"How Can One Take Delight in the World Unless One Flees to It for Refuge?": The Fear of Freedom in Erich Fromm and Franz Kafka [unknown]

Aoileann Ní Éigeartaigh
Erich Fromm points to a tendency whereby the numerous freedoms gained by the citizens of modern democracies have been accompanied by widespread feelings of loneliness and disconnection. The loosening of traditional social structures leads some individuals to seek out restrictions, for example in order to counteract the feelings of being alone. This essay uses Fromm's thesis as a lens through which to examine two of Franz Kafka's novels in which the protagonists exemplify the "fear of freedom"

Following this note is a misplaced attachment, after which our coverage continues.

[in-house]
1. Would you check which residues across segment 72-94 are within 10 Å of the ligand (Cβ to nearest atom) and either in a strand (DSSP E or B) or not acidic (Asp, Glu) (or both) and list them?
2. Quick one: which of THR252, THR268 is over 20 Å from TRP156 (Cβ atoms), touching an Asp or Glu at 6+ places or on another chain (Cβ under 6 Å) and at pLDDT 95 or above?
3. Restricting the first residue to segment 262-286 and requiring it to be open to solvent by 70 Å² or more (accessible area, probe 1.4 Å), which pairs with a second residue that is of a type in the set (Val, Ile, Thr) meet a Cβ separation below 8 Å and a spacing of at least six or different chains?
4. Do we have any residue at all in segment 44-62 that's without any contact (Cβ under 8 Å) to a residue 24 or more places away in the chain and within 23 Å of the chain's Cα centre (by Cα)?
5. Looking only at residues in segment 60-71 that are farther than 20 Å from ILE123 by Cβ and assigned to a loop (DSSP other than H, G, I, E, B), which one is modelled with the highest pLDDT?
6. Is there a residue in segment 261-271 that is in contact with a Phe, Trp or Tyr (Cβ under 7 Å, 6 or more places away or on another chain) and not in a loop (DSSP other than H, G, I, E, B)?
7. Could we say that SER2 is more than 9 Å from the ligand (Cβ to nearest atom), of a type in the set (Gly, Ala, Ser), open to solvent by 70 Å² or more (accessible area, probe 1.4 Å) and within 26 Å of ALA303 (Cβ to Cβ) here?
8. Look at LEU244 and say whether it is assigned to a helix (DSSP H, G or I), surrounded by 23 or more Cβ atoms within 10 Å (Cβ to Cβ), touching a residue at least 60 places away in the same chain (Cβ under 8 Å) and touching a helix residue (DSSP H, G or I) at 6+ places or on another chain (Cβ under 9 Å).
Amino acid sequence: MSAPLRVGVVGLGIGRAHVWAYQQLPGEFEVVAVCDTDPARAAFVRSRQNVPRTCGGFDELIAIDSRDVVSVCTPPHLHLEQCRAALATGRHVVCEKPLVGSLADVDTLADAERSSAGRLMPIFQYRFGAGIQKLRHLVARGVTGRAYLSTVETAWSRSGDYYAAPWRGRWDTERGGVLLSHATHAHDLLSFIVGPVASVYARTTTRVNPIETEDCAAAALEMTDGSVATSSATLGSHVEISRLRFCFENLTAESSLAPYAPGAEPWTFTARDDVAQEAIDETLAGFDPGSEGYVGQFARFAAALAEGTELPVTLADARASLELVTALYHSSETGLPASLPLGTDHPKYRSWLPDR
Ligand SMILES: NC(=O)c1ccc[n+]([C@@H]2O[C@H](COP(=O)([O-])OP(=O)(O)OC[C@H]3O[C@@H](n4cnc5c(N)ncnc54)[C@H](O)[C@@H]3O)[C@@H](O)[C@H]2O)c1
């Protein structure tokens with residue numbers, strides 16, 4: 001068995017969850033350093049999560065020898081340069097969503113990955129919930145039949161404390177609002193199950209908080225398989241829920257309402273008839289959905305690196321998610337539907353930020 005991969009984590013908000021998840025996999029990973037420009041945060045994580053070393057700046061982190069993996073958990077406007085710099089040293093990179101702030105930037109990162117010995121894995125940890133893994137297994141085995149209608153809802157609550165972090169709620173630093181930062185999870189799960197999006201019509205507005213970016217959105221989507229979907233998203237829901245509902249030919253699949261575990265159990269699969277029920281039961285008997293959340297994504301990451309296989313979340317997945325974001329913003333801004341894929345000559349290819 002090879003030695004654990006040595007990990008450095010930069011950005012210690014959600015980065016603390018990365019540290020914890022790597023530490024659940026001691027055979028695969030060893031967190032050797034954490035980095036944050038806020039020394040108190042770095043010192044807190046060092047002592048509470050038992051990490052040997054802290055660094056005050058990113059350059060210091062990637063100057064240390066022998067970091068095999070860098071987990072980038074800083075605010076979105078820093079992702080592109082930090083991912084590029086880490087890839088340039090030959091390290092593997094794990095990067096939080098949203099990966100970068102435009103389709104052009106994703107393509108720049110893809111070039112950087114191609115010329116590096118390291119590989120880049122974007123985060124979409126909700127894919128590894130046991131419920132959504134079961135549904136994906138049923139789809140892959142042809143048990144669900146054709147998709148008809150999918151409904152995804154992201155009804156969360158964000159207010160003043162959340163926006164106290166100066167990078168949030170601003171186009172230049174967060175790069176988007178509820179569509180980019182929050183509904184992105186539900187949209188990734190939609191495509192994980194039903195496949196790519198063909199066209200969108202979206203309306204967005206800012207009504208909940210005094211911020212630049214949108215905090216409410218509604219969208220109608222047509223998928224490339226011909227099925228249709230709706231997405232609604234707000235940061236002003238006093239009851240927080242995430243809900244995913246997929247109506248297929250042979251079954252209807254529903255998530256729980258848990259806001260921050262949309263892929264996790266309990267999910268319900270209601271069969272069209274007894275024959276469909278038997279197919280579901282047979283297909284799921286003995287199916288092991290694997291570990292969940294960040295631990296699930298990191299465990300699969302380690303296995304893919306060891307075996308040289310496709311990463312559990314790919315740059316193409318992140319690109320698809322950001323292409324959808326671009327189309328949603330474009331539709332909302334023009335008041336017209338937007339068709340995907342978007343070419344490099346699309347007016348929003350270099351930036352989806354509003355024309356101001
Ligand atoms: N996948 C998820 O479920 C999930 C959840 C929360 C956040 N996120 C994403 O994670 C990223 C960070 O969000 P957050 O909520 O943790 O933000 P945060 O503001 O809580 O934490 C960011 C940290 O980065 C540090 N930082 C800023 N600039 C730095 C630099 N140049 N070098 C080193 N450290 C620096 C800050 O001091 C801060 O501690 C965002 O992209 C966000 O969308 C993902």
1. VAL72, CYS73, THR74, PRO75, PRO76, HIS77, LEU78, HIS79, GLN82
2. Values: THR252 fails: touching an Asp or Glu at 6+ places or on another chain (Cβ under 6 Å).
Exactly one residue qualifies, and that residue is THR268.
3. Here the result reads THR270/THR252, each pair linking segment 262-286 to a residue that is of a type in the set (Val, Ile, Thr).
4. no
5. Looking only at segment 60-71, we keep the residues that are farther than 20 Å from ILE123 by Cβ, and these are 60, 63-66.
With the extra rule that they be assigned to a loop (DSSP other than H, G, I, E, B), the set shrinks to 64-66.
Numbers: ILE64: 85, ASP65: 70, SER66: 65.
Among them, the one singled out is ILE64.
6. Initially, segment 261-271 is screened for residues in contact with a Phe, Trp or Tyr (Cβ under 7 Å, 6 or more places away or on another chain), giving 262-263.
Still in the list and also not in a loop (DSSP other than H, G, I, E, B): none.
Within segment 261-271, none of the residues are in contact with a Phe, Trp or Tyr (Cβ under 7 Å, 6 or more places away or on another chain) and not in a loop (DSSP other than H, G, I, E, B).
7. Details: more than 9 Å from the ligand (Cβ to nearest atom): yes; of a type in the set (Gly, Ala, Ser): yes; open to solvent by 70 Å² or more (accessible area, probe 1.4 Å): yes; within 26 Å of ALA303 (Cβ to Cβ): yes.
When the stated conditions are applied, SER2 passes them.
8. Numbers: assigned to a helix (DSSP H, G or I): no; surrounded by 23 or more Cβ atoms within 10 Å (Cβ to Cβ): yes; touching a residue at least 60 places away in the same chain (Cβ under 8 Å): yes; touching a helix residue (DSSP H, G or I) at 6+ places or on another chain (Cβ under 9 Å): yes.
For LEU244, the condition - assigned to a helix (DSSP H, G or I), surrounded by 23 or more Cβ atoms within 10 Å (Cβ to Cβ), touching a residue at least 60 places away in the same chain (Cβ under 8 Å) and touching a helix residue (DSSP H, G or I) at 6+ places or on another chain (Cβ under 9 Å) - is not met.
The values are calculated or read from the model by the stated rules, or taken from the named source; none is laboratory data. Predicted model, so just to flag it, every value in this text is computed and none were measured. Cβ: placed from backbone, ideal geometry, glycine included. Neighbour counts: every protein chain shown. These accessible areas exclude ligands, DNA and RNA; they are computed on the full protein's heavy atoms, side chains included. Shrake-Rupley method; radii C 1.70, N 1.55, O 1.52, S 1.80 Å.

more » ... oposed by Fromm. Society in these novels is perceived as a prison cell in which one must comply with social regulations, but also a fortress to which one can retreat from the chaos of the outside world, albeit at the cost of one's psychological health.
doi:10.19205/53.19.1 fatcat:od3nwqsmqbhztew5w6dfb764tm